Just this weekend, a Twitter friend was telling me that he communicates differently on different platforms, that he holds back more on Facebook because the audience dictates more discretion. With, you can set who sees what across platforms by creating groups for certain types of communications, thereby eliminating concern with your degree of sharing.

But that is not all. You can form rooms and invite others to join you to discuss or share on topics. There is also a video chat feature. has its own version of a retweet – you can reshare within or send the content forth to your own social outposts. “Friending” on is like Twitter and Friendfeed, where you can follow anyone without their express agreement or any obligation to follow you back.

I still struggle with Twitter as a communication platform. I agree as well with my Twitter friend that my Facebook population does not promote the same “free” communication I might employ elsewhere. If your desire is to streamline your communication on-line, to implement better channeling and discussion, and break down boundaries to that discussion, may well be the best option. At the least, it affords a simple “one stop” locale for managing chat, Facebook, Twitter and YouTube activity. At the most, it appears to provide a true communication forum for social interaction.

Check it out. I would love to hear what you think.

Incorporating A Social Media "Back Channel" In A Presentation

There is nothing quite like the immediacy of real-time conversation about your presentation while the presentation is going on! This is particularly true if your presentation is about the power of social media. I found this great tutorial on how to create such a back channel for your next presentation. The website is called “140 Learning” and the topic is “Incorporating a Back channel in a Presentation” (link here). The article presumes your use of Powerpoint, Keynote or Sliderocket in your talk. It is relatively short but quite comprehensive and impressive, discussing issues that range from how to create a hashtag prior to the presentation to how to encourage dialog, from tools for easily adding your own postings during the presentation to ways to encourage dialog, from how to show the Twitter stream to how to invite feedback after the presentation. There is a lot of other great stuff in this article, so I highly encourage you to hit the jump if you are considering adding such a high-tech feature to your next presentation!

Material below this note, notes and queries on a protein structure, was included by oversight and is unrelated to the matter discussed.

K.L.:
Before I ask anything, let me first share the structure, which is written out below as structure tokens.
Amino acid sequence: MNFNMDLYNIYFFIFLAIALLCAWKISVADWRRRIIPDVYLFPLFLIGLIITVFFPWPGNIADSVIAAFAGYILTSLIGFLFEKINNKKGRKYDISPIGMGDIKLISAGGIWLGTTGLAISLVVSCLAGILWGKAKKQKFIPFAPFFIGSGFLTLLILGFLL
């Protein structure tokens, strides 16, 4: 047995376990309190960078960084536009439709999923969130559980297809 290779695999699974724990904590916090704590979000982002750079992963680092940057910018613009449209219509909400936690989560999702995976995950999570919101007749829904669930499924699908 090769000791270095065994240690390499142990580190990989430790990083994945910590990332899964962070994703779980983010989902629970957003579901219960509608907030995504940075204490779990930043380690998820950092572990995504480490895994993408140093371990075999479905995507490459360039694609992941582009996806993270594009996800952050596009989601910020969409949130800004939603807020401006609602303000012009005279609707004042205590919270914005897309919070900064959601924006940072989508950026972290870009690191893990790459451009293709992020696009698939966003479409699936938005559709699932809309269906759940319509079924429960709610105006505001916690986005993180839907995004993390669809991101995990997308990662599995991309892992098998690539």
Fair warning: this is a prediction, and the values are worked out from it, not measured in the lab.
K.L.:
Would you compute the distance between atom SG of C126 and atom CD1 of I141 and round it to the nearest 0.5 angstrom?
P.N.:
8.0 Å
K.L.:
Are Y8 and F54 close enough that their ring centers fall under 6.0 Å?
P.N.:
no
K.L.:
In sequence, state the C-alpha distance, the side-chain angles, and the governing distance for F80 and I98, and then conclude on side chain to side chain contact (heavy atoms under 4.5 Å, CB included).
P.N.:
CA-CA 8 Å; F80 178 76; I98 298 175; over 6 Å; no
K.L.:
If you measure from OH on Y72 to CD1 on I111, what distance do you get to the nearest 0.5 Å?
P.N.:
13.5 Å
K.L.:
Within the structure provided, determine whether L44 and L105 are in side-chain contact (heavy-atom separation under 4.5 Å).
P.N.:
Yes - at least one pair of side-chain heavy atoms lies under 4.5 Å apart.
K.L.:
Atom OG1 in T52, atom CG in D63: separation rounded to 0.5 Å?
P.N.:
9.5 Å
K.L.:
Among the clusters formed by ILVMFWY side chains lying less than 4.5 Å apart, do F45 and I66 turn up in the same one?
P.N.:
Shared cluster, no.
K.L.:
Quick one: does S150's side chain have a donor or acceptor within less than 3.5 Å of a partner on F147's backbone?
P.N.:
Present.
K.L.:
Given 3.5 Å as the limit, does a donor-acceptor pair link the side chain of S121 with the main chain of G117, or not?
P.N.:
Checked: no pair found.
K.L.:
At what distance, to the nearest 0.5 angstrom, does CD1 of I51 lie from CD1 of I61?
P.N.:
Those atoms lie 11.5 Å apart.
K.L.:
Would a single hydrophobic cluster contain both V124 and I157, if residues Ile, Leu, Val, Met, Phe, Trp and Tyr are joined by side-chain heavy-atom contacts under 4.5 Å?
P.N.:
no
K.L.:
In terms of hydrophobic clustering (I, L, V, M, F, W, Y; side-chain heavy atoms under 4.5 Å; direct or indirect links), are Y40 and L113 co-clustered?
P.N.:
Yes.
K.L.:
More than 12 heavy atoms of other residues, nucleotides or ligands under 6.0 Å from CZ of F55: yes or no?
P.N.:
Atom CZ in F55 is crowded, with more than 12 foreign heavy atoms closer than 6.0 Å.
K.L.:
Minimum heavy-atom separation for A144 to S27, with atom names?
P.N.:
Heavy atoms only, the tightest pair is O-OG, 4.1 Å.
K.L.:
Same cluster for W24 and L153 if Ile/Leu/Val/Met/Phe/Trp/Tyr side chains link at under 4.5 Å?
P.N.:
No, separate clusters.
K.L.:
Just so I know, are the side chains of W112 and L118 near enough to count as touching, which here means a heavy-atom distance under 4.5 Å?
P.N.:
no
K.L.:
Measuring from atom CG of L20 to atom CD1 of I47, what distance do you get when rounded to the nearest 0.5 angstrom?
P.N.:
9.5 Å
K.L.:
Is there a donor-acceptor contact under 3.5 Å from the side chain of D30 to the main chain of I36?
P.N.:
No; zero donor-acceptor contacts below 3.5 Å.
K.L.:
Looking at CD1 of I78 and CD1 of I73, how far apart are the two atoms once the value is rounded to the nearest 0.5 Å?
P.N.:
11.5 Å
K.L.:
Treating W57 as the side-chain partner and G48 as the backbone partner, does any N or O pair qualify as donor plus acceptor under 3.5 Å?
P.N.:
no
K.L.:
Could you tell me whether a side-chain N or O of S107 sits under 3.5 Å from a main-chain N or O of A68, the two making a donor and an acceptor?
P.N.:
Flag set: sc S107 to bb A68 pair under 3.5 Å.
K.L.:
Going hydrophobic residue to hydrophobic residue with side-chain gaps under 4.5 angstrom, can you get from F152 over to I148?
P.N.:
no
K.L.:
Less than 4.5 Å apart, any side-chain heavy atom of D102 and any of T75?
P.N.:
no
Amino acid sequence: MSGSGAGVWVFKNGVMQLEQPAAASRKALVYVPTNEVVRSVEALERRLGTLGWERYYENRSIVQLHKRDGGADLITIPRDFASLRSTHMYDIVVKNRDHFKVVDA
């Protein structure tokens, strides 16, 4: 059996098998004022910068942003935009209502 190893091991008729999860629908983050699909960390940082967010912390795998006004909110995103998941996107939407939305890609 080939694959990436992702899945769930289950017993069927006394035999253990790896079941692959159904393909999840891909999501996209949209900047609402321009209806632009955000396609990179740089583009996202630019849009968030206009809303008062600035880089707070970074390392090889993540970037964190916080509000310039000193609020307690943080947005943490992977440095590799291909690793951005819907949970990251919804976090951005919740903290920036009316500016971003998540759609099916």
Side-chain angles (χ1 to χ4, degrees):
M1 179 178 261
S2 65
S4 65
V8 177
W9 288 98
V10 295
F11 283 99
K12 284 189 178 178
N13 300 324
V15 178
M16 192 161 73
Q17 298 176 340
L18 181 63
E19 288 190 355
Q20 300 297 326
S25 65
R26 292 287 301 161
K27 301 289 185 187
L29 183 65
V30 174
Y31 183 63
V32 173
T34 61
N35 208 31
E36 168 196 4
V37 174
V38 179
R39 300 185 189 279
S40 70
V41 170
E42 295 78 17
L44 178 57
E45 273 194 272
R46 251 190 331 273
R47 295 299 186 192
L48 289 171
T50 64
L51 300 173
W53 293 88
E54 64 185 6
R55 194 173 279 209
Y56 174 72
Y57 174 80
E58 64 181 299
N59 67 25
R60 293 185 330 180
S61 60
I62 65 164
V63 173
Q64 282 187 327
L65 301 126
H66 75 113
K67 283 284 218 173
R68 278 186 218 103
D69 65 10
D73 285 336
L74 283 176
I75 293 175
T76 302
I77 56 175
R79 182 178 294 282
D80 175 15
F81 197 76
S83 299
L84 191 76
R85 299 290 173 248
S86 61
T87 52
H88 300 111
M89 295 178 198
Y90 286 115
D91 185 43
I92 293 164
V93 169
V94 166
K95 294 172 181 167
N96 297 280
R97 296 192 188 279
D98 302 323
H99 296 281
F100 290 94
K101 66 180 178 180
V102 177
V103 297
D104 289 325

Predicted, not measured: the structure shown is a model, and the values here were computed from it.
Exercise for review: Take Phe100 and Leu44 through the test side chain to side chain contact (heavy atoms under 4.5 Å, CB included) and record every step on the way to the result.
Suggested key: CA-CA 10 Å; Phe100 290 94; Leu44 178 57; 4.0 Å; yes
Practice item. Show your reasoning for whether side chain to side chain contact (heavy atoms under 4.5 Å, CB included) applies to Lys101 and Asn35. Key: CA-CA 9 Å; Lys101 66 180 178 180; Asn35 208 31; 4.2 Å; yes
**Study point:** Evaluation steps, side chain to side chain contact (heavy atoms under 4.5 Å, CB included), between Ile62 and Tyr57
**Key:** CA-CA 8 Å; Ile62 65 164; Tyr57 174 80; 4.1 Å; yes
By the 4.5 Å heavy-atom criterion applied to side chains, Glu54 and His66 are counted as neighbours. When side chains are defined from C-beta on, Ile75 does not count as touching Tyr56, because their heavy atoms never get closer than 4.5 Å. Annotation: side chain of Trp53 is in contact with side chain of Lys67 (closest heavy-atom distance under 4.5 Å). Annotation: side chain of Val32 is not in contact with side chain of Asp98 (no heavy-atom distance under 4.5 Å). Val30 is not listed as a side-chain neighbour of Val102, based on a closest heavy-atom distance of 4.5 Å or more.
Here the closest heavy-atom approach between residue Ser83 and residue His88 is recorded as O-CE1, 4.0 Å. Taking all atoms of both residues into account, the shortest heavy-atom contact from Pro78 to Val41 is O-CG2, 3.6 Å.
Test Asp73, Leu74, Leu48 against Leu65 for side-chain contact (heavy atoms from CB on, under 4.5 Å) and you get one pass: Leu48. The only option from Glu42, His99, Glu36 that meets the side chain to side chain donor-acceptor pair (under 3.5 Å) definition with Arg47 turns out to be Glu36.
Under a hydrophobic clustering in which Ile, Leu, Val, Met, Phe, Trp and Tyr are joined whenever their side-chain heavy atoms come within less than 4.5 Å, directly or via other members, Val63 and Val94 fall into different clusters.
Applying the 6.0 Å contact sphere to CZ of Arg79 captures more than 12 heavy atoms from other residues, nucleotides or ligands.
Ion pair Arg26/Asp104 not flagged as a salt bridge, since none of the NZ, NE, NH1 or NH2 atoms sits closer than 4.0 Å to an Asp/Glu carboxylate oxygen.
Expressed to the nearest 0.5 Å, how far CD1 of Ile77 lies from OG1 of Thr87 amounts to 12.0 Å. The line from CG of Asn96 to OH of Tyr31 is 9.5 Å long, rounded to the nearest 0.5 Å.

If you are interested in sprucing up your presentations generally, check out Ray Ward’s suggestions over at the (new) legal writer on better Powerpoint presentations (link here). Thanks Ray!

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Managing Your Twitter Lists With A Power Tool

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ResearchBuzz alerted me to a cool new Twitter list management tool: ListiMonkey (link here). ListiMonkey allows greater precision in creating and monitoring keyword searches by designating a Twitter list as the search base. ListiMonkey will then send the results to your specified email address at designated intervals. This works for your own lists as well as other public lists – a very handy feature if you trust the list curator. Updates to the service now make it possible to specify keywords you want and keywords you don’t want.

Of course, this slows down the real-time benefit of a Twitter search a bit, but it does increase the validity (and anti-spamminess) of your results. Plus, it brings the results straight to you.

Read the ResearchBuzz review here.

Have you used ListiMonkey? Any thoughts or comments on its effectiveness?

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Sobering Social Media Numbers

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WSJ‘s tech blog Digits ran this article yesterday (link here) regarding conversational use of social media sites by adults. Author Jennifer Valentino writes that 30% percent of adults use social media sites for quick conversations, with relatively regular updates on at least a weekly basis. Seventy percent of adults are spectators – viewing these updates on a regular basis. Forrester Research surveyed more than 10,000 adults and, although the cut-off age was 18, more than 70% of those responding were over 30 years old.

The number of social media citizens is growing rapidly – nearly 60% of those online visit social media sites and maintain profiles. A mere 17% of internet users avoid these hangouts, and that number is dwindling.

Is there any doubt where your peers and potential clients are hanging out?

Hat tip to Resource Shelf